```

The parameters for the gamma distribution, shape and rate, are calculated from the mean and standard deviation.
The parameter list is passed to `dgamma`

via `args=`

:

```
swha_gg + stat_function(data=swha,
fun = dgamma,
args=list(shape=1.86,
rate=0.101),
colour="darkred",
size=1.1) +
stat_function(data=swha,
fun = dlnorm,
args=list(meanlog=mean(log(swha$diff+1)),
sdlog=sd(log(swha$diff+1))),
colour="blue",
lty=5,
size=1.1) +
xlim(c(-1, 60)) +
labs(title = "Gamma + log-normal distribution")
```

The gamma distribution isn’t terribly different from the log-normal, but notable improvements include the gamma more closely matching the first peak in the density estimate, and better estimating post-peak values.

## Using `r*dist`

functions

Having robust parameter estimates for data distribution is a powerful tool.
For instance, once we know what the data ought to look like, we can generate many more observations than what we were limited to collecting from the field.
These *simulated data* can be used in statistical models.

### Confidence intervals

*Confidence intervals* are a basic statistical model we can apply to simulated data.
Consider that the SWHA data are *differences* between before-fire and during-fire counts:

- If there is an effect, it means the the difference is significantly different from zero.
- Thus, at \(P = 0.05\), 95% of the time, the data should not include zero

This defines the 95% confidence interval – the range between which a random datapoint will occur at least 95% of the time.

We can simulate `n`

number of observations from a specific distribution using `r*dist`

functions:

```
swha_dist <-
tibble( Normal =
rnorm(
n=1000,
mean=mean(swha$diff),
sd=sd(swha$diff)),
LogNormal =
rlnorm(
n = 1000,
meanlog=mean(log(swha$diff+1)),
sdlog=sd(log(swha$diff+1))),
Gamma =
rgamma(
n=1000,
shape=1.86,
rate=0.101 ) ) %>%
pivot_longer(everything()) %>%
rename(dist = name)
swha_dist
```

```
## # A tibble: 3,000 x 2
## dist value
## <chr> <dbl>
## 1 Normal -4.13
## 2 LogNormal 15.7
## 3 Gamma 25.1
## 4 Normal 3.87
## 5 LogNormal 43.4
## 6 Gamma 10.5
## 7 Normal 15.9
## 8 LogNormal 15.0
## 9 Gamma 8.63
## 10 Normal 32.1
## # … with 2,990 more rows
```

The simulated data can be interpreted as if we were able to go count Swainson’s Hawks 1000 times under three different scenarios: Their responses to fire followed a normal, log-normal, or gamma distribution.

From these data we calculate 95% confidence intervals to determine where observations are most likely to occur under each scenario.
Confidence intervals are found via the `quantile()`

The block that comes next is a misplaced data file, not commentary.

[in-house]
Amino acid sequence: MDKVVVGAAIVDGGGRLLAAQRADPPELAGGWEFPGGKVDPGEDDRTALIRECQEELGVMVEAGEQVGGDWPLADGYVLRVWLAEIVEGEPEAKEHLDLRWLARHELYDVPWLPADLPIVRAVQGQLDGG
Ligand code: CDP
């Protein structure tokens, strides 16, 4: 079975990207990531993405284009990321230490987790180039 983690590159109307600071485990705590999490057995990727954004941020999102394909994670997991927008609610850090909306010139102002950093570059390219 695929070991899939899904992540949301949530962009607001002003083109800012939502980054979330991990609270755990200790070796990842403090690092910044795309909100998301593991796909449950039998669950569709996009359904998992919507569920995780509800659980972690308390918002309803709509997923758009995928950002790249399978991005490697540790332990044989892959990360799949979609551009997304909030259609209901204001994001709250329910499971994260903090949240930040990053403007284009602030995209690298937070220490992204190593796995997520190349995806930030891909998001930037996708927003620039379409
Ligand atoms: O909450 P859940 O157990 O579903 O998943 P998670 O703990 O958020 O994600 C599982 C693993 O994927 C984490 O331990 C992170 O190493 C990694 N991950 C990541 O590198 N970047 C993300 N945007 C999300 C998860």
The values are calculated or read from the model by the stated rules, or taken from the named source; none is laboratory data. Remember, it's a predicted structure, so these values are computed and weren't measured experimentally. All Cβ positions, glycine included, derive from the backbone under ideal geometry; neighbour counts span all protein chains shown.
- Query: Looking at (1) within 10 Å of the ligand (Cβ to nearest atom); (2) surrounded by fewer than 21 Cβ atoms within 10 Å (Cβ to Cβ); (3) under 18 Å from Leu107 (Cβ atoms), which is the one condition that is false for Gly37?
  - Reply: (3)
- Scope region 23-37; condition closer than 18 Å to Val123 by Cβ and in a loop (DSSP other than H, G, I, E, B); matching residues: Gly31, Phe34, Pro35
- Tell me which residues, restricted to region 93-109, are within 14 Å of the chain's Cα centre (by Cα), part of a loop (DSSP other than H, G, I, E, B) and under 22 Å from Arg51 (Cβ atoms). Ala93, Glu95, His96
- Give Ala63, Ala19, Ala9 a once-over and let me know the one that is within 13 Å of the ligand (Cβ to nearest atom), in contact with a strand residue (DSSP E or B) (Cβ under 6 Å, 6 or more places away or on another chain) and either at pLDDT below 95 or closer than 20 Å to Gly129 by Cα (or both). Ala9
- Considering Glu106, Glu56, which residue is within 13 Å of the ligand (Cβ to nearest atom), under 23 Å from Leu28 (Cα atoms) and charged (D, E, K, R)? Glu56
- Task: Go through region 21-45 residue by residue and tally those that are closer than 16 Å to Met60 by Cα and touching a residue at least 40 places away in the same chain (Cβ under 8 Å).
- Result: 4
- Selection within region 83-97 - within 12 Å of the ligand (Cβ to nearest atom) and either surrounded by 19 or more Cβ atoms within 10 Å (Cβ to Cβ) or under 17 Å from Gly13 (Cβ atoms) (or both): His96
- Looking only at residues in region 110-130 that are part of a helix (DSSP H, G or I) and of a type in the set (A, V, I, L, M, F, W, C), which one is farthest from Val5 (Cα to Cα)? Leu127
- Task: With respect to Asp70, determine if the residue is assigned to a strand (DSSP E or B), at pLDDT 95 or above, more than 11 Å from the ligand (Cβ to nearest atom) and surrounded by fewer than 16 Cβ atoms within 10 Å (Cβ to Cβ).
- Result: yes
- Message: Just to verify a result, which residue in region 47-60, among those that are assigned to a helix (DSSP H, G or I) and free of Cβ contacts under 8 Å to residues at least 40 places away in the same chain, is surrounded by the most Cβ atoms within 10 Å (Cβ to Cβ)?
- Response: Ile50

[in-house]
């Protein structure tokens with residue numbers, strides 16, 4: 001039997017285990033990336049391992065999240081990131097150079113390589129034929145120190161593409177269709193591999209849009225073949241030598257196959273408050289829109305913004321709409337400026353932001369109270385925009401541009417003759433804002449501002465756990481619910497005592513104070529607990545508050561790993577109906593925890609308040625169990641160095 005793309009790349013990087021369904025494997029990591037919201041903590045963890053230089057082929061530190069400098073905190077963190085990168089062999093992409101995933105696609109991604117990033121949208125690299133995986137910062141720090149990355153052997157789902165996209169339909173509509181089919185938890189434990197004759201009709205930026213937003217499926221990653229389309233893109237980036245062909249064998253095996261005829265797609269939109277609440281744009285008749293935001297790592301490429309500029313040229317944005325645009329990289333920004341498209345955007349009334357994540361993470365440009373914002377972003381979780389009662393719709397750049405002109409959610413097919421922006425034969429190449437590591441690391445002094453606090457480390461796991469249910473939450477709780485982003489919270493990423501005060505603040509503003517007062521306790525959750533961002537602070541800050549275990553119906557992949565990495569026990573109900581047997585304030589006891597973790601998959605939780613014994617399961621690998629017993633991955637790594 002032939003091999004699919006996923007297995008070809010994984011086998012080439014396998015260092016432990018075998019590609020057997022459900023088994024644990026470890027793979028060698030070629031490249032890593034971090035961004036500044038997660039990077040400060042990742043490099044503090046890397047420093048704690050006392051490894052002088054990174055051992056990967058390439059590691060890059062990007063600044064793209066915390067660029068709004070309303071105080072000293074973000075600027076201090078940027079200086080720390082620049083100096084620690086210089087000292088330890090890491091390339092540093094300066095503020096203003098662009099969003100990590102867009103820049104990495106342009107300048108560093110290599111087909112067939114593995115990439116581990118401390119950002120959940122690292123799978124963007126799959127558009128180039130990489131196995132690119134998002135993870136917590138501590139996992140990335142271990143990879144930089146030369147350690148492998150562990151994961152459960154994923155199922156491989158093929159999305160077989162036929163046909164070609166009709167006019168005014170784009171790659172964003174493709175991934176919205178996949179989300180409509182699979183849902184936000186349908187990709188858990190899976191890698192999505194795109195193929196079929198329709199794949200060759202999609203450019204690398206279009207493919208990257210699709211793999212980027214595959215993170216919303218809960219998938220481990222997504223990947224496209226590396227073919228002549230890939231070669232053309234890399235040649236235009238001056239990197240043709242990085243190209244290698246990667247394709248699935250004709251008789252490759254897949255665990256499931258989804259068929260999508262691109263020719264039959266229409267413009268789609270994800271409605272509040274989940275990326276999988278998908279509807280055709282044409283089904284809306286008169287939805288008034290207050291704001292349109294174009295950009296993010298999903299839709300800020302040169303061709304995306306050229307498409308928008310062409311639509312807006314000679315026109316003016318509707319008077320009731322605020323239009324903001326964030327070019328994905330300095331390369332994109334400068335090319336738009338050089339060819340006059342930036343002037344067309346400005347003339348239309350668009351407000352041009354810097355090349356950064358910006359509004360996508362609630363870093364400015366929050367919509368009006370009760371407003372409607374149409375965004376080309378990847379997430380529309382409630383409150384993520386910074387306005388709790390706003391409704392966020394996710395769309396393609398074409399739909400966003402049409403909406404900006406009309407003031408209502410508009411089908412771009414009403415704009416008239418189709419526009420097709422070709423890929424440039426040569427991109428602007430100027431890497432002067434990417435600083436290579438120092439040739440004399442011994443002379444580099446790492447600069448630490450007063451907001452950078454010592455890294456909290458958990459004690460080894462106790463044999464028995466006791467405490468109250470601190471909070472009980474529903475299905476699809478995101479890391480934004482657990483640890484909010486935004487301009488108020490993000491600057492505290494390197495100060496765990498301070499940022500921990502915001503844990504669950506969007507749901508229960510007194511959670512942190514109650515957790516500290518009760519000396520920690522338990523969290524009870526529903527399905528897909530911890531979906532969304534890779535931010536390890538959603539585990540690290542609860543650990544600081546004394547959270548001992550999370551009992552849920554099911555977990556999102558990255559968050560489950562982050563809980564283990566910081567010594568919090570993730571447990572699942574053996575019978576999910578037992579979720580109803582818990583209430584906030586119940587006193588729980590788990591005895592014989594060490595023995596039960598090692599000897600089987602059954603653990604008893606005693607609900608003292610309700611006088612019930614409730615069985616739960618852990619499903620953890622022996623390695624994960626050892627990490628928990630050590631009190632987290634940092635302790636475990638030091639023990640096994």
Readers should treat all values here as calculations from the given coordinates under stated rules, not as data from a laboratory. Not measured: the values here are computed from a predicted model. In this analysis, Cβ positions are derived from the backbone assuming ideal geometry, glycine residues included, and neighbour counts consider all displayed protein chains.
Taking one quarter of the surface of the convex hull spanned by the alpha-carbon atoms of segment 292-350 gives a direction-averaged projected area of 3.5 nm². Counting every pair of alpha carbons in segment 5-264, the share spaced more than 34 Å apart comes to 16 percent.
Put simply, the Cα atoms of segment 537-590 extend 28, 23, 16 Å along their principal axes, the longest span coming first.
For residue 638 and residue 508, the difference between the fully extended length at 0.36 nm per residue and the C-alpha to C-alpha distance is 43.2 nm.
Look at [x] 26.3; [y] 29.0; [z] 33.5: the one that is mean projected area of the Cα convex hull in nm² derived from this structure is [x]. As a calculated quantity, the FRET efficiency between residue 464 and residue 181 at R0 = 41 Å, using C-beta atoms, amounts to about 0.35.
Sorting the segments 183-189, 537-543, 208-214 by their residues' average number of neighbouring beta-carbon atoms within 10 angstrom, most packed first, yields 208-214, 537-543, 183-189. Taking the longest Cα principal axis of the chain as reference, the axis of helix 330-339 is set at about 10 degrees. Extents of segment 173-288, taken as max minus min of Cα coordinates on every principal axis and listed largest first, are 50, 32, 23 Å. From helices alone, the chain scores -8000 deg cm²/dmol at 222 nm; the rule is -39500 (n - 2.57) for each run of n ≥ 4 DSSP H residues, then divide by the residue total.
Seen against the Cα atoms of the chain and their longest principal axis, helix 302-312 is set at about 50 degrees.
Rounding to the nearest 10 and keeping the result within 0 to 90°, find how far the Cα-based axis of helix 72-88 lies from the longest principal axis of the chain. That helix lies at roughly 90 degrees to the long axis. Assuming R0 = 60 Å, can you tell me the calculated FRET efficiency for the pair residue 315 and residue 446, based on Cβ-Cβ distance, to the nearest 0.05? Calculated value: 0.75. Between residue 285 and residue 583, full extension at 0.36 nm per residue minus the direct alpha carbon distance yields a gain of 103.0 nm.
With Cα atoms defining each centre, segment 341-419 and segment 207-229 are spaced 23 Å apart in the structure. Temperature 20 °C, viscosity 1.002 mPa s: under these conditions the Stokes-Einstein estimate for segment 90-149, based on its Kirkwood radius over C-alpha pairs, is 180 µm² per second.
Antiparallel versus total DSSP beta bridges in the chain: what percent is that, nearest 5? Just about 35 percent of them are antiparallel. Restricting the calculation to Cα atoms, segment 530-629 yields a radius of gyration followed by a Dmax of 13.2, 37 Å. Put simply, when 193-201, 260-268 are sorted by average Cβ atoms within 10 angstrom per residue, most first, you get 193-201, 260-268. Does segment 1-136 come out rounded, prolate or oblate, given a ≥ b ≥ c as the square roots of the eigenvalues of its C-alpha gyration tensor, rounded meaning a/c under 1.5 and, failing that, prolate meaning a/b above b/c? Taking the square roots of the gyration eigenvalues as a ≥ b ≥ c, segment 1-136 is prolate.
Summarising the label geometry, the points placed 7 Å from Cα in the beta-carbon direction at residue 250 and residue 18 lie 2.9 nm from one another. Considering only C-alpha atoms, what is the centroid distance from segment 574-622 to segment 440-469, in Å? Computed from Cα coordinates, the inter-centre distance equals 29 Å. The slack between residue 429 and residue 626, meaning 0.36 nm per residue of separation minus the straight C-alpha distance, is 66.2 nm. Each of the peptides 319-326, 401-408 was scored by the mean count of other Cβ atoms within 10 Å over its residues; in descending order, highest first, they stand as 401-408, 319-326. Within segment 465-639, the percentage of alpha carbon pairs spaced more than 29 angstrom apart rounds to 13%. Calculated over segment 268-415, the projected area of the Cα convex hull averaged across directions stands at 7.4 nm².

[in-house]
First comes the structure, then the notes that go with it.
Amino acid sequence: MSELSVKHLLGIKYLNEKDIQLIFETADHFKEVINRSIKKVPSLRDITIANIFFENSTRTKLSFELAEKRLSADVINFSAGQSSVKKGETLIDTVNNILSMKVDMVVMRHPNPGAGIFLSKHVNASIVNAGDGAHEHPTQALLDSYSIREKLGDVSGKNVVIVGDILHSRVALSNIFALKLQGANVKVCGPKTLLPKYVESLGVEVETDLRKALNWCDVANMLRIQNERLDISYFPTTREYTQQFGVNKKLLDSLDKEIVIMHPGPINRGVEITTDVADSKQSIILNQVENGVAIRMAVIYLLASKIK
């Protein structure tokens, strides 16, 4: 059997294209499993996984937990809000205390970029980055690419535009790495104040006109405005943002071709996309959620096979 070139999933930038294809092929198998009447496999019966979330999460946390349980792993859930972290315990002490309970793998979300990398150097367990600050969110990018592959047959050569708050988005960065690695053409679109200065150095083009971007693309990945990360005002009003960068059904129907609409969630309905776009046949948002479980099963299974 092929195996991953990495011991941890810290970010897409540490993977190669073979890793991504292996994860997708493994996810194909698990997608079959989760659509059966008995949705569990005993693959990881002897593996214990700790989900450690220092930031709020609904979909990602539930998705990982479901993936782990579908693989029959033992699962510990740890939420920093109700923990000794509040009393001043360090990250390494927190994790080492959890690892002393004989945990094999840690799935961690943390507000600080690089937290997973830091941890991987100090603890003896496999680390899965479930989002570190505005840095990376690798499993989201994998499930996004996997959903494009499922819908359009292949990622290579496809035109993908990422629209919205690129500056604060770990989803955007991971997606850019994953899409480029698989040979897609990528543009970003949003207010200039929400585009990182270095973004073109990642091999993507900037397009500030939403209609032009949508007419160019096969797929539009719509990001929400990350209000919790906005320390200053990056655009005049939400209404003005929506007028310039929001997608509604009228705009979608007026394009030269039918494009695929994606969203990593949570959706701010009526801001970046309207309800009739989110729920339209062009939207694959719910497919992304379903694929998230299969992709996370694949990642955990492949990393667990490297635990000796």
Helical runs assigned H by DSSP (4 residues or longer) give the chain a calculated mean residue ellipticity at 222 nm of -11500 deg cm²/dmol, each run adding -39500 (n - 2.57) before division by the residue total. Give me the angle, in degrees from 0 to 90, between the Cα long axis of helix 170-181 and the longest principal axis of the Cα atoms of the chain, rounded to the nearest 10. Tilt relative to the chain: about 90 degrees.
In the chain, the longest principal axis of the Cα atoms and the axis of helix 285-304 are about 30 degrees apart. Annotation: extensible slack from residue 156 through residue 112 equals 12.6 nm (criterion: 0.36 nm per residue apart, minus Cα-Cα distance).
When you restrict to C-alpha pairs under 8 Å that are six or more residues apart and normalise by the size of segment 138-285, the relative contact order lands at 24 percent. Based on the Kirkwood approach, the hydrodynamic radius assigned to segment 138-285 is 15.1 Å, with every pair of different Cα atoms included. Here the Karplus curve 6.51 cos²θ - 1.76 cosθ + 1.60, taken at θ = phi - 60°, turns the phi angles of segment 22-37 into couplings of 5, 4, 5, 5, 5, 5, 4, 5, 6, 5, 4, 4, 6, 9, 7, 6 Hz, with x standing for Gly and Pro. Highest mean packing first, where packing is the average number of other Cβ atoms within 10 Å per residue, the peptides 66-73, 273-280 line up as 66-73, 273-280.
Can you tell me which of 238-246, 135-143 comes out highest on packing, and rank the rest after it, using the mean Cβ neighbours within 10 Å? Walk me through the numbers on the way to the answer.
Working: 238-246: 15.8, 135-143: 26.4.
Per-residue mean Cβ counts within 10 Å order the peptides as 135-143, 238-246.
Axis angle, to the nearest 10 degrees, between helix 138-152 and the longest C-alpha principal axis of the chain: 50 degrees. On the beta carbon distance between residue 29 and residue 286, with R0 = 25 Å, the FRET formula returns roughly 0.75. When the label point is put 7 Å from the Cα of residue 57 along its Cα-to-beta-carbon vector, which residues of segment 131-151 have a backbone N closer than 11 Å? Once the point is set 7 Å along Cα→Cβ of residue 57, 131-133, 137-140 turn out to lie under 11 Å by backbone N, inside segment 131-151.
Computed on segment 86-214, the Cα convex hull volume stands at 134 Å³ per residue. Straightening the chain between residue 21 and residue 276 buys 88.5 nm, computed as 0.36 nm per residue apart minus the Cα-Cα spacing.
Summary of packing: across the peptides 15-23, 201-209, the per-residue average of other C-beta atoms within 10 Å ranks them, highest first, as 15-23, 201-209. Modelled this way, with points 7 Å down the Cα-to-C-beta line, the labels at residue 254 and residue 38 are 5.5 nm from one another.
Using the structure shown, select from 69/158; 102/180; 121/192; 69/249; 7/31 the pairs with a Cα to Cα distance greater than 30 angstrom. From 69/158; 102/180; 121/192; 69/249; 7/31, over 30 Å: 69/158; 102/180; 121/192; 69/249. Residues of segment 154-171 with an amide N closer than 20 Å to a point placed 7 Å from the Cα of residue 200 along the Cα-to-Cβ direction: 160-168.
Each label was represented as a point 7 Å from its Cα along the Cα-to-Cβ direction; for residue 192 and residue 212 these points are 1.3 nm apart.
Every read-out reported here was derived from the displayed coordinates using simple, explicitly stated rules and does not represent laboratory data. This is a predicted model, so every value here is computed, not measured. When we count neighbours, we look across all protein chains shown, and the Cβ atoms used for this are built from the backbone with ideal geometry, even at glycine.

function, which finds the value in a vector at each position identified in the `prob=`

argument.
In this case, we want to essentially trim the lowest 2.5% and 97.5% of the data, to focus on the center 95%:

```
swha_dist %>%
group_by(dist) %>%
summarize(`2.5%` = round(quantile(value,
prob=0.025,
na.rm=TRUE),
0),
`97.5%` = round(quantile(value,
prob=0.975,
na.rm=TRUE),
0))
```

```
## # A tibble: 3 x 3
## dist `2.5%` `97.5%`
## <chr> <dbl> <dbl>
## 1 Gamma 2 51
## 2 LogNormal 2 79
## 3 Normal -11 47
```

Recall that a confidence interval that includes zero indicates that the data are not significantly different from zero, which in this case means there is no effect of fire attracting Swainson’s Hawks.

We can visualize the distributions of simulated data with respect to zero:

```
swha_dist %>%
ggplot() + theme_bw(16) +
geom_hline(yintercept = 0,
size=1.5,
lty=2) +
geom_violin(aes(x=dist,
y=value,
fill=dist),
alpha=0.75,
show.legend = F) +
coord_flip() +
geom_violin(data=swha,
aes(x=1.5, y=diff),
fill=NA, size=1.5) +
geom_jitter(data=swha,
aes(x=1.5, y=diff),
width = 0.1,
size=4,
pch=21, stroke=1.5,
col="grey80", bg="grey20") +
annotate("text", x=1.5, y=100,
label="Actual data",
size=6,
fontface="bold")
```

*Note use of geom_hline, coord_flip, and annotate to improve presentation in the plot.*

**The take-away** is that if we model Swainson’s Hawk response with a normal distribution, we aren’t going to detect an effect.

Because the normal distribution is symetrical and the mean of our data is close to zero, the normal distribution is going to include some negative numbers even though we never saw a negative number in our dataset. Both the log-normal and gamma distributions show an effect (neither 95% CI includes zero), but the gamma is preferable because it is less likely to over-estimate at the high end (51 vs 88).

**The upshot** of this example is that by using an alternative distribution, an effect was demonstrated for at least one species and the paper got published.
But I have mixed feelings about whether this was the right approach.